it was fed with fresh knowledge, it asked for more. It asked, in fact, for more than the Church cared to grant. The Church, guided by men, made countless errors. She wished, not only to withhold from Mankind such knowledge as she considered beyond its grasp, fearing that it would make an ill use of it. But she also forbade inquiry into the Mysteries of the Faith. When the Reformation had cleft Christendom asunder, the Church made more errors than before, until at last she returned to her own faith which holds that meekness will inherit the earth; it may be, that the Church of Rome will for ever forget the words: non possumus.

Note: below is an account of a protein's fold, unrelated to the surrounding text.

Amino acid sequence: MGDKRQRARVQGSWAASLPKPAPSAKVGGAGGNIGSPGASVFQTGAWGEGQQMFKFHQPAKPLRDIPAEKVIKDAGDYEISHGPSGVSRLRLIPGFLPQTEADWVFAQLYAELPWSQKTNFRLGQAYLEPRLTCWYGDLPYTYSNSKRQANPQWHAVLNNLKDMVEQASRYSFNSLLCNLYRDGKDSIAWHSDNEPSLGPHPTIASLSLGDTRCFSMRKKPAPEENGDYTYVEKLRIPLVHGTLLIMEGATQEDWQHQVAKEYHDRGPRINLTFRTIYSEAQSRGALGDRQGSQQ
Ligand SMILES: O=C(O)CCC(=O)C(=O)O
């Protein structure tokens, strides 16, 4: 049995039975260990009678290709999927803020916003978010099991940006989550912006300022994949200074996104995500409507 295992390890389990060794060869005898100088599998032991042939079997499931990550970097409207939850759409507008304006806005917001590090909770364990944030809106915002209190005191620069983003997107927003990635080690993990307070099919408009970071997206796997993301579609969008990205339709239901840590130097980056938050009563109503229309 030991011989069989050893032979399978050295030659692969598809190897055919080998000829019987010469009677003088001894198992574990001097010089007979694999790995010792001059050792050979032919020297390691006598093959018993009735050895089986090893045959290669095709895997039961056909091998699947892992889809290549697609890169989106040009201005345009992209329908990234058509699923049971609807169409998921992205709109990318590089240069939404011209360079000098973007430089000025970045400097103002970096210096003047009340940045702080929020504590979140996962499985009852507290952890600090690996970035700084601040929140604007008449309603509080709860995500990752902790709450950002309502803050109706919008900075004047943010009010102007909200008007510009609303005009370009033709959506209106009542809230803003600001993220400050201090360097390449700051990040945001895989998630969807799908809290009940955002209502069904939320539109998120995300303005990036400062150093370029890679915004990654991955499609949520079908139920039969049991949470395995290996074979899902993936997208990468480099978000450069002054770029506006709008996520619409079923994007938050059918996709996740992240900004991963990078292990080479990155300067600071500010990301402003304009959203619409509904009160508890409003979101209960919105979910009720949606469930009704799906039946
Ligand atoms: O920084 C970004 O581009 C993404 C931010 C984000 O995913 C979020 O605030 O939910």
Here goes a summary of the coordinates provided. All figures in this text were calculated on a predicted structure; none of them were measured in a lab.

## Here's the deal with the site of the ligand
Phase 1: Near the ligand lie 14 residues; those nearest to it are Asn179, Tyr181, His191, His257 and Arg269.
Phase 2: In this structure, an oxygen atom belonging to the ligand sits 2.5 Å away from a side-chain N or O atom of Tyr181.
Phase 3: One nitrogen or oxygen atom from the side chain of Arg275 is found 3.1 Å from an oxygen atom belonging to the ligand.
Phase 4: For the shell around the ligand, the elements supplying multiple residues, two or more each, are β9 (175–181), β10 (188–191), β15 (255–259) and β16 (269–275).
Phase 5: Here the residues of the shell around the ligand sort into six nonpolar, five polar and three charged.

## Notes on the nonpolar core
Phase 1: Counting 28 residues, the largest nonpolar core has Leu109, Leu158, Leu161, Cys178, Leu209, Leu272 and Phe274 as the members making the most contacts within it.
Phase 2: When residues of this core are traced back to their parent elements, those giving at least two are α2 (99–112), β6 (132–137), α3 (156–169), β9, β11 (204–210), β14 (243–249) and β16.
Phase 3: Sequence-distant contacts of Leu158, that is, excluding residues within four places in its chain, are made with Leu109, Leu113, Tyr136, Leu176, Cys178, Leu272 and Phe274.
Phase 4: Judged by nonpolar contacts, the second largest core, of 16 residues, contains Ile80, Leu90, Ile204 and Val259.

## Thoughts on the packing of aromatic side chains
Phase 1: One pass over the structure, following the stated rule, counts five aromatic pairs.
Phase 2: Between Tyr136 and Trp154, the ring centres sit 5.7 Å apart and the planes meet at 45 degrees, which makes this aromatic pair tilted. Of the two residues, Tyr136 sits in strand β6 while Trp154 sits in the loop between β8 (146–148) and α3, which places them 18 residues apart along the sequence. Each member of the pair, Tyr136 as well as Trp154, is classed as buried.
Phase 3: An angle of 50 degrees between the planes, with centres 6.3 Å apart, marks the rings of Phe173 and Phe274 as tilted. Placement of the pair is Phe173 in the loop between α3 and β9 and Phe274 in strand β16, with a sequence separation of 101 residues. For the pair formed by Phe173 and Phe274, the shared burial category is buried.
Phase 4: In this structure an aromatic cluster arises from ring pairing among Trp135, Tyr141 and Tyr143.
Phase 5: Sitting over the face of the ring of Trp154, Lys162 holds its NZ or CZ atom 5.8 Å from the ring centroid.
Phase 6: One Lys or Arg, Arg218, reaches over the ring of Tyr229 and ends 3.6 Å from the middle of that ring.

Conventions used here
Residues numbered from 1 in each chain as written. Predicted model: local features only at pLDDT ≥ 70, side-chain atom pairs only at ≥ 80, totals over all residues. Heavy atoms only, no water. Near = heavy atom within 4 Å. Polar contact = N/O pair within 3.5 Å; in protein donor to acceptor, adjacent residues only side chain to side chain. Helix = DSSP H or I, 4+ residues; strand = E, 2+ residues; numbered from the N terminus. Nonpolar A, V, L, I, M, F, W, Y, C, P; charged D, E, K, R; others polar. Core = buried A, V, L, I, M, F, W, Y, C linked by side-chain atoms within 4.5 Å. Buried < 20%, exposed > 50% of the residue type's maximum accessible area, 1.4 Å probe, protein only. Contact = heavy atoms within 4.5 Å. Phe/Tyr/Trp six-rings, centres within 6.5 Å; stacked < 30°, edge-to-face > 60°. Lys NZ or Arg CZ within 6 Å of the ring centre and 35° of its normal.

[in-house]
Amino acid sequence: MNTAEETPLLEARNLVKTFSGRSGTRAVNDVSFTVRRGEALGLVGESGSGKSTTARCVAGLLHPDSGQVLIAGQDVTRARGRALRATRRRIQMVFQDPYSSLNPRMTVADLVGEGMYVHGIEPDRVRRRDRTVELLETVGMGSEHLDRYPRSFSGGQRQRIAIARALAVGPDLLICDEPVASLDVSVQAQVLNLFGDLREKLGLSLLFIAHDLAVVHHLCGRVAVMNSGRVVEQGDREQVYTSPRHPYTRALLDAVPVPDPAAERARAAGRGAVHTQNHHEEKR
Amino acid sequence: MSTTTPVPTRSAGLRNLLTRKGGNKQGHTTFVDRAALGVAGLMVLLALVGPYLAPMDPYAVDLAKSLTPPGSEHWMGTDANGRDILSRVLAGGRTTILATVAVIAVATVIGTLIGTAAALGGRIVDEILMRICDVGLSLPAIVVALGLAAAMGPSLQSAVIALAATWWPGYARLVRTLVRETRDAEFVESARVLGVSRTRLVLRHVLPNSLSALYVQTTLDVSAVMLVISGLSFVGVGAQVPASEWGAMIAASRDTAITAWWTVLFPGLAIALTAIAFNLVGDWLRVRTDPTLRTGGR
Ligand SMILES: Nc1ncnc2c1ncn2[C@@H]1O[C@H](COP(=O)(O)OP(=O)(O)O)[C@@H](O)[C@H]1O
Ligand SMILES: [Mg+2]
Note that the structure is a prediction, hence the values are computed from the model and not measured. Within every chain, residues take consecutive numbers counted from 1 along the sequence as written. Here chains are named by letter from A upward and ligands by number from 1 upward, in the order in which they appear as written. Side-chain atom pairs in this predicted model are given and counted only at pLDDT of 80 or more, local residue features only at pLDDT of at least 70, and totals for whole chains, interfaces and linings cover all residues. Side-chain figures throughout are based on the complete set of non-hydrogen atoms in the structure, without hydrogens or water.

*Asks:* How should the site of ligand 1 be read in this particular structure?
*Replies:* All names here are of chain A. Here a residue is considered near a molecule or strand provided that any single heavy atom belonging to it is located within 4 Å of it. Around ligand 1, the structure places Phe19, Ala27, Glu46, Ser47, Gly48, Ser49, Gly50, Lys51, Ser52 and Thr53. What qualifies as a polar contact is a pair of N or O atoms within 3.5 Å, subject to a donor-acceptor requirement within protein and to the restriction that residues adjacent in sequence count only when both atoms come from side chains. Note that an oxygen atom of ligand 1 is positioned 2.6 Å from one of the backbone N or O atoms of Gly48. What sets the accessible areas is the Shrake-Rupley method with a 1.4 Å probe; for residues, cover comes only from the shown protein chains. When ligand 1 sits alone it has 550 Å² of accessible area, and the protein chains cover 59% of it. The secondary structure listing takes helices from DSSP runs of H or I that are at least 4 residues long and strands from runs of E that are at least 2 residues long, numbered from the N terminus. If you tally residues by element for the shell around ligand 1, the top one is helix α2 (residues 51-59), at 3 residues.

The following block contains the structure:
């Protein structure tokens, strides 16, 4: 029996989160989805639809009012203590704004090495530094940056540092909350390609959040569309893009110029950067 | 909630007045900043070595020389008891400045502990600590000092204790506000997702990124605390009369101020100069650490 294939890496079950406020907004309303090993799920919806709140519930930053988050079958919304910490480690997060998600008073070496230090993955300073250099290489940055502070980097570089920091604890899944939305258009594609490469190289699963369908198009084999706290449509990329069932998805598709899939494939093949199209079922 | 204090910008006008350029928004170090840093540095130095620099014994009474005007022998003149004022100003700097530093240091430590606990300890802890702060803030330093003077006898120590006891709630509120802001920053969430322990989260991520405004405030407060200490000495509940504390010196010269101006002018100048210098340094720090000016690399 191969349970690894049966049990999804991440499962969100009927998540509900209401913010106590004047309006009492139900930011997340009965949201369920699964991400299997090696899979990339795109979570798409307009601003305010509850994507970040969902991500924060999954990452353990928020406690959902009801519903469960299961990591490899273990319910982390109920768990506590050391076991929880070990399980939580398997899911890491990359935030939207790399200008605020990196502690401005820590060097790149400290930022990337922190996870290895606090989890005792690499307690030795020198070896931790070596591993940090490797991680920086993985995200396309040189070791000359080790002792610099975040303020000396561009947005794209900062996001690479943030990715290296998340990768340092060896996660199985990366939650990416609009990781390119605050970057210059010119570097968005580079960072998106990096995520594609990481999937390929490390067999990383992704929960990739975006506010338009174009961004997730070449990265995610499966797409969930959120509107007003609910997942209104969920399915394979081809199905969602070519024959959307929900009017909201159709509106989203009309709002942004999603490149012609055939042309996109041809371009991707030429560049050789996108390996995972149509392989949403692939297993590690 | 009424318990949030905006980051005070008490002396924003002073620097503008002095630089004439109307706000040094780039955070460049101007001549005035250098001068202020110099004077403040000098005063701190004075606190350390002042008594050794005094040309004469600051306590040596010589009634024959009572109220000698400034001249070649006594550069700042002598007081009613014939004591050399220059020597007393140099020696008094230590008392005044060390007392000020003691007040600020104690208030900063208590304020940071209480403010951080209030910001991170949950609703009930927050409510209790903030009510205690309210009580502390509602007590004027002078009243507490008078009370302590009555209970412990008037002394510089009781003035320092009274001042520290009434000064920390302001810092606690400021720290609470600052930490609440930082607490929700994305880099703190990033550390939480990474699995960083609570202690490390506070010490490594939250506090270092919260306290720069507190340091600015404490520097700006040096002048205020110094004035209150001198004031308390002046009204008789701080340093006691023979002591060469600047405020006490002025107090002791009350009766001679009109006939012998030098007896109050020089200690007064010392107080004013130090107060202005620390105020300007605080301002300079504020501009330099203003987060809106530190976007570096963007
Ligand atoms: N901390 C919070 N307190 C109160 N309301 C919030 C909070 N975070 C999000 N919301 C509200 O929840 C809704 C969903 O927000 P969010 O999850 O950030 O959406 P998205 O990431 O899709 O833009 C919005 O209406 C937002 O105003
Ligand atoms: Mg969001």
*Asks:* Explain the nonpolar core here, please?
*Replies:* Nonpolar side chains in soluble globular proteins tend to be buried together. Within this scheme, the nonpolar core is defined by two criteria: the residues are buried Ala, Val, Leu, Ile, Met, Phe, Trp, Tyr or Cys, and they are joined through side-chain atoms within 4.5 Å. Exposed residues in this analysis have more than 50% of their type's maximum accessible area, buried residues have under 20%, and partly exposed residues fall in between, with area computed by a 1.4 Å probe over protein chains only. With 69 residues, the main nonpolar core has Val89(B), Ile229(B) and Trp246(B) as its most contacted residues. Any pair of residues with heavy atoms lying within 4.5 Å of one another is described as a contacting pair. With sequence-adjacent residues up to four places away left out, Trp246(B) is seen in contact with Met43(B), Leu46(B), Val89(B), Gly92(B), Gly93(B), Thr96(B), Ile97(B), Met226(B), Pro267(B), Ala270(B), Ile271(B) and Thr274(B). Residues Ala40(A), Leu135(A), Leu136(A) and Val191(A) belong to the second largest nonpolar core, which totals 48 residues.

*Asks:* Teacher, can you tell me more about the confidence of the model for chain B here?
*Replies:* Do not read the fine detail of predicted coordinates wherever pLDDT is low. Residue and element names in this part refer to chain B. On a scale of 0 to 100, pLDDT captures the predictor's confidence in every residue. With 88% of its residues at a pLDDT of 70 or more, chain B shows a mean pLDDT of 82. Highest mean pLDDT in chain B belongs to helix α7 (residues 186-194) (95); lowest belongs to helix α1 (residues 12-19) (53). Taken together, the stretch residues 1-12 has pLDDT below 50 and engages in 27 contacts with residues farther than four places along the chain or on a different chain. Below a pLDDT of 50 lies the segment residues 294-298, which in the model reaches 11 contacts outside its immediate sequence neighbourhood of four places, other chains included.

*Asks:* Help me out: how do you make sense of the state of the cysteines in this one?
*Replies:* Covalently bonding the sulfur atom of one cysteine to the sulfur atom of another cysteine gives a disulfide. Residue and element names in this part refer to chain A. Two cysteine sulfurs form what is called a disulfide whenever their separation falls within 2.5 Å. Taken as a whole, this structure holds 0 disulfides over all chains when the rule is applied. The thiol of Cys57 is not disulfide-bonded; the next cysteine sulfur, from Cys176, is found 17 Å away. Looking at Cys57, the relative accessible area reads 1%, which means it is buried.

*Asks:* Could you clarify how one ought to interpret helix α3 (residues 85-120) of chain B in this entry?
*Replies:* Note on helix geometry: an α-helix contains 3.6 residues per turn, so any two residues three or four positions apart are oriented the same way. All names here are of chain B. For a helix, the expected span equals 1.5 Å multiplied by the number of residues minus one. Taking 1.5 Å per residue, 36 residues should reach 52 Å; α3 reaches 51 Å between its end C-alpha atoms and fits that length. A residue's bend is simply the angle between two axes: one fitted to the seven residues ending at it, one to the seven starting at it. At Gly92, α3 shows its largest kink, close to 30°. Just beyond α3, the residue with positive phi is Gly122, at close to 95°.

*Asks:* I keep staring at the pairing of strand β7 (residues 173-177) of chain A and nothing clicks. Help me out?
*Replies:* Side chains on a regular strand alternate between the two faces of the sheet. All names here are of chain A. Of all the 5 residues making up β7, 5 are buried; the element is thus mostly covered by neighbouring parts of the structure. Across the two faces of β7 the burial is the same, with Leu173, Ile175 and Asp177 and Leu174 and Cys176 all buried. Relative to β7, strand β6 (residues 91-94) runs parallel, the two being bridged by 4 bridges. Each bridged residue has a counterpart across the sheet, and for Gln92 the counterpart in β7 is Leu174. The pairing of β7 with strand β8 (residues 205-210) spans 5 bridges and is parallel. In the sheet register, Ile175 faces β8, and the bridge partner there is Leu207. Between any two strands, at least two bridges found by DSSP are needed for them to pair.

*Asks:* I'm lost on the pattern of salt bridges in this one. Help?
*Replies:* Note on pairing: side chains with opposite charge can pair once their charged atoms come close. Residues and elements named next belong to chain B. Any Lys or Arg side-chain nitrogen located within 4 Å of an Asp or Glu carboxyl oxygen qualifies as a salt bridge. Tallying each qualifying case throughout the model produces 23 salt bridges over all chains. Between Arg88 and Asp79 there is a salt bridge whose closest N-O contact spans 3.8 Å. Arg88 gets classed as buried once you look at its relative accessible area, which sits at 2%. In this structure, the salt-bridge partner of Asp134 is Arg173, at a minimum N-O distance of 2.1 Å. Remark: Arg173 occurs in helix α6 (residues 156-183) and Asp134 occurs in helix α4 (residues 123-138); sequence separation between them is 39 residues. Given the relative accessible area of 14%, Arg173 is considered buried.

The White Man has been away, in search of unknown lands, in quest of hidden knowledge. He is master of the world; a thousand concealed treasures he has found. But his soul is bleeding from many wounds and yearns for home. The Son of the Church has returned, a grown-up man, of mighty frame; if she will only throw open wide her Gates, he will enter. If not, he will look for a new Home, or perish outside. And then the Church and Western civilisation will perish with him. The Tree of Knowledge which they have planted, will be worshipped by worthier and wiser races, who will know how to use its divine fruit, which only the Wise will taste in all its sweetness. The torch will change hands, but its light will still guide Man to a higher destiny. For he will never lose his faith in the future. He will not look for its foundation